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Somalia is Not a Soap Opera - ASHARQ AL-AWSAT English Archive
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There is nothing wrong with the people of a neighborhood hastening to “the Sheik” or the Mayor, in order for him to mediate between them and solve their differences peacefully [as occurs in Arabic soap operas], but it is strange for a Sheik to mediate to bring peace to a country torn by civil-war. This is evidence of the depth of the Arab crisis and its poor condition.

The response of the Somali President Sheikh Sharif Sheik Ahmed to the initiative proposed by Sheik Yusuf Al-Qaradawi [as President of the International Union of Muslim Scholars] for the sake of unity, dialogue and reconciliation between the Somali factions, can only be described as evidence of Arab impotence, both at the national level, as well as at the level of the Arab League.

For in response to Sheik Al Qaradawi’s proposal, the Somali President said that he hopes “that the [Muslim] people [in Sudan] respond to Sheik Al Qaradawi’s call, and that good things come of this, and that God rewards those who respond to the Sheik’s [proposal] and unite to build Somalia from anew.”

The question; is Somalia like an Arab soap opera for a Sheik to act as a mediator, assembling the people of the neighborhood and easily solving their disputes so that peace can prevail?

Of course not, for the situation in Somalia is much more complex than this.

Somalia is a state that has collapsed in every sense of the word, suffering from a lack of a central government and the absence of all state infrastructure to the point that the new Somali President said that he was unable to confirm the presence of Al Qaeda in Somalia. Although he did confirm that “the Jihadist ideology has spread throughout country.” This comes at the same time that a number of reports indicate that Al Qaeda have indeed infiltrated Somalia, which is unsurprising since Al Qaeda only flourishes in countries that are in ruins. Indeed the simple presence of what the Somali President himself described as jihadist ideology is a threat in itself; for this is a breeding-ground for Al Qaeda.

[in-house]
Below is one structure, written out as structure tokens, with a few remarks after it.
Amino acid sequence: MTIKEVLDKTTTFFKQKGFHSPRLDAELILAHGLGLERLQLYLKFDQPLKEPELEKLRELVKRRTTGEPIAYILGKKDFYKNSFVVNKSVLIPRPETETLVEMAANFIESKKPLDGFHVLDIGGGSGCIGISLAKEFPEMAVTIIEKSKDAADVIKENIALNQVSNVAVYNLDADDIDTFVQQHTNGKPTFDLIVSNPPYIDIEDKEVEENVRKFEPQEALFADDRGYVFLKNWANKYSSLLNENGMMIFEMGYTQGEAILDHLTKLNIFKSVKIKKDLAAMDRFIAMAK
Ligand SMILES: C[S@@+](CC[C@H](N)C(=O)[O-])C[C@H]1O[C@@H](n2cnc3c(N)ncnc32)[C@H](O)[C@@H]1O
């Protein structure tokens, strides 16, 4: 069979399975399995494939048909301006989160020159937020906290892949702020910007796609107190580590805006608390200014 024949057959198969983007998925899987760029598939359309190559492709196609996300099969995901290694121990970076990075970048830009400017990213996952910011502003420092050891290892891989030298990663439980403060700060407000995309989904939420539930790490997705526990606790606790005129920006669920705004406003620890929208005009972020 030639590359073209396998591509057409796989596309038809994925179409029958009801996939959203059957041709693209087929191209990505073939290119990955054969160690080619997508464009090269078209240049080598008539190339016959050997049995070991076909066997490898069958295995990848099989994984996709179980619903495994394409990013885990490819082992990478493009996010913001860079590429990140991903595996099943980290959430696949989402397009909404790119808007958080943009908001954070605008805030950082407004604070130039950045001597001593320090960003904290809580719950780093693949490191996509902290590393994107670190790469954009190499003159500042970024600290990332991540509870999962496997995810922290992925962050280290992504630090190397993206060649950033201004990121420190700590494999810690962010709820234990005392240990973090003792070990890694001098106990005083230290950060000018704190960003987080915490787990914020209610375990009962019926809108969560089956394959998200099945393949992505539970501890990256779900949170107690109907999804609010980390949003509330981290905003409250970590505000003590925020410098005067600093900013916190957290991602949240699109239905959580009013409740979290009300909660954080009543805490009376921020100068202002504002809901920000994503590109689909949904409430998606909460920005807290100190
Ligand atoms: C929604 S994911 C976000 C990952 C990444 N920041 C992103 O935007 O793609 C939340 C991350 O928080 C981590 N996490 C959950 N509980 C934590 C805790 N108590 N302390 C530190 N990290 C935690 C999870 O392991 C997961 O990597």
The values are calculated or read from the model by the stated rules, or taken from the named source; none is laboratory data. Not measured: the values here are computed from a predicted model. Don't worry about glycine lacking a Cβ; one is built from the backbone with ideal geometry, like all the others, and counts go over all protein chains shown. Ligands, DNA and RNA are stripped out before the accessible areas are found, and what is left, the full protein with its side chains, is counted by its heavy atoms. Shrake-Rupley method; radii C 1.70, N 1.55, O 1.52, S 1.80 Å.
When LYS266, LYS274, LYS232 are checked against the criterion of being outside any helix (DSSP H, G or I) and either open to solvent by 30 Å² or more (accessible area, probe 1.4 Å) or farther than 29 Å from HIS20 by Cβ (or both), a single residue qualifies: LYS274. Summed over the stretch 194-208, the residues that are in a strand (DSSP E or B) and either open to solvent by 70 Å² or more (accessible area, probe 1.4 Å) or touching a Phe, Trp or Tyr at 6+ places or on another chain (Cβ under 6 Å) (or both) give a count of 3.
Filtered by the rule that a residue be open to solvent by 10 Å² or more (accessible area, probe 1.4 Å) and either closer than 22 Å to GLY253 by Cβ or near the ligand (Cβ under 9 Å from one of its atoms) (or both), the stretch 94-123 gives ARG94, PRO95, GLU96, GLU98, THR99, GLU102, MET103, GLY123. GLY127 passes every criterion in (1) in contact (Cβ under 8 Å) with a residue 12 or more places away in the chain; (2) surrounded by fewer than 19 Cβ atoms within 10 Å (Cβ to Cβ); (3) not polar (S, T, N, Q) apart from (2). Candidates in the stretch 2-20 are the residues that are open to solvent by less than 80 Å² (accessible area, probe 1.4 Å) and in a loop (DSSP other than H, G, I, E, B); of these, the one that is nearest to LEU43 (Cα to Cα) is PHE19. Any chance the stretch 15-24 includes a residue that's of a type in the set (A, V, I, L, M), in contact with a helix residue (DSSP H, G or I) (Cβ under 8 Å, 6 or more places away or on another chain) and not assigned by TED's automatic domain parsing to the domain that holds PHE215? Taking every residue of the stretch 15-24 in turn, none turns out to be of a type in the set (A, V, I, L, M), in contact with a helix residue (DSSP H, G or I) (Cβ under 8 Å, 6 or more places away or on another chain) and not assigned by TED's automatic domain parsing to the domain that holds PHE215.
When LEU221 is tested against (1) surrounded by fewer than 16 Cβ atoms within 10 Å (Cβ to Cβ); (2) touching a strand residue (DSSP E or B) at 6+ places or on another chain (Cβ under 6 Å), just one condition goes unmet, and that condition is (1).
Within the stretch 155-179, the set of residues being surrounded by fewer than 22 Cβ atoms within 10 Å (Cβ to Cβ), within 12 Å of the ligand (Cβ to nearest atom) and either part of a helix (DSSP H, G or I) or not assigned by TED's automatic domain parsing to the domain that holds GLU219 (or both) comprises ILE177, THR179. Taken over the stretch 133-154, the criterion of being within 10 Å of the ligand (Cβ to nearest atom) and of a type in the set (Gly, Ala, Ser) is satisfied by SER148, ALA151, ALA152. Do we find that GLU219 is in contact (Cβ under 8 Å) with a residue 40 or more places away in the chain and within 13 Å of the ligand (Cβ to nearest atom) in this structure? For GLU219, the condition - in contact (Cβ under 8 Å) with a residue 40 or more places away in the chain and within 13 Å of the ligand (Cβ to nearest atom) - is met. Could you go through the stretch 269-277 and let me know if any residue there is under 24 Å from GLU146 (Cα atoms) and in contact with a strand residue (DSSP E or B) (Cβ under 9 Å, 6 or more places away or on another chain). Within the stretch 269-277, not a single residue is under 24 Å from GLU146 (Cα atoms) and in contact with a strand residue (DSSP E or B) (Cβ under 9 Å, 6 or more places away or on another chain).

Above all of this, [Somali] piracy in the Red Sea represents a real threat to international shipping, and a threat to the economy and security of the countries bordering the Red Sea, which of course is a result of the chaos and infighting in Somalia.

If such is the reality in Somalia, how can it possibly be within Sheik Al Qaradawi’s capabilities to solve this country’s problems?

If Qaradawi did not succeed in mediating with the Taliban regarding the destruction of the statues [of the Buddhas of Bamyan in Afghanistan in 2001]; then how will he succeed in restoring stability to Somalia?

Here we must recall the Islamic delegation –that included Sheik Hassan Al Turabi- that visited Baghdad to intercede with Saddam Hussein during the occupation of Kuwait. For that day the delegation almost “sold” Kuwait to Saddam Hussein; and so is there not a lesson to be learnt from this?

Due to all of this the talk of Al Qaradawi mediating in Somalia is not cause for optimism so much as it is cause for frustration, as a result of the Arab deficiencies at governmental level, and at the level of the Arab League, and at the failure to understand the gravity of the situation in Somalia.

All that we wish from Sheik Yusuf Al Qaradawi is the initiative to review many of the fatwas that he issued in the past, such as those which permit suicide bombings. By doing so, the Sheik will contribute to the stability of Somalia by preventing Somalis from carrying out suicide operations.

Tariq Alhomayed

Tariq Alhomayed

Tariq Alhomayed is the former editor-in-chief of Asharq Al-Awsat. Mr. Alhomyed has been a guest analyst and commentator on numerous news and current affair programs, and during his distinguished career has held numerous positions at Asharq Al-Awsat, amongst other newspapers. Notably, he was the first journalist to interview Osama Bin Ladin's mother. Mr. Alhomayed holds a bachelor's degree in media studies from King Abdul Aziz University in Jeddah. He is based in London.

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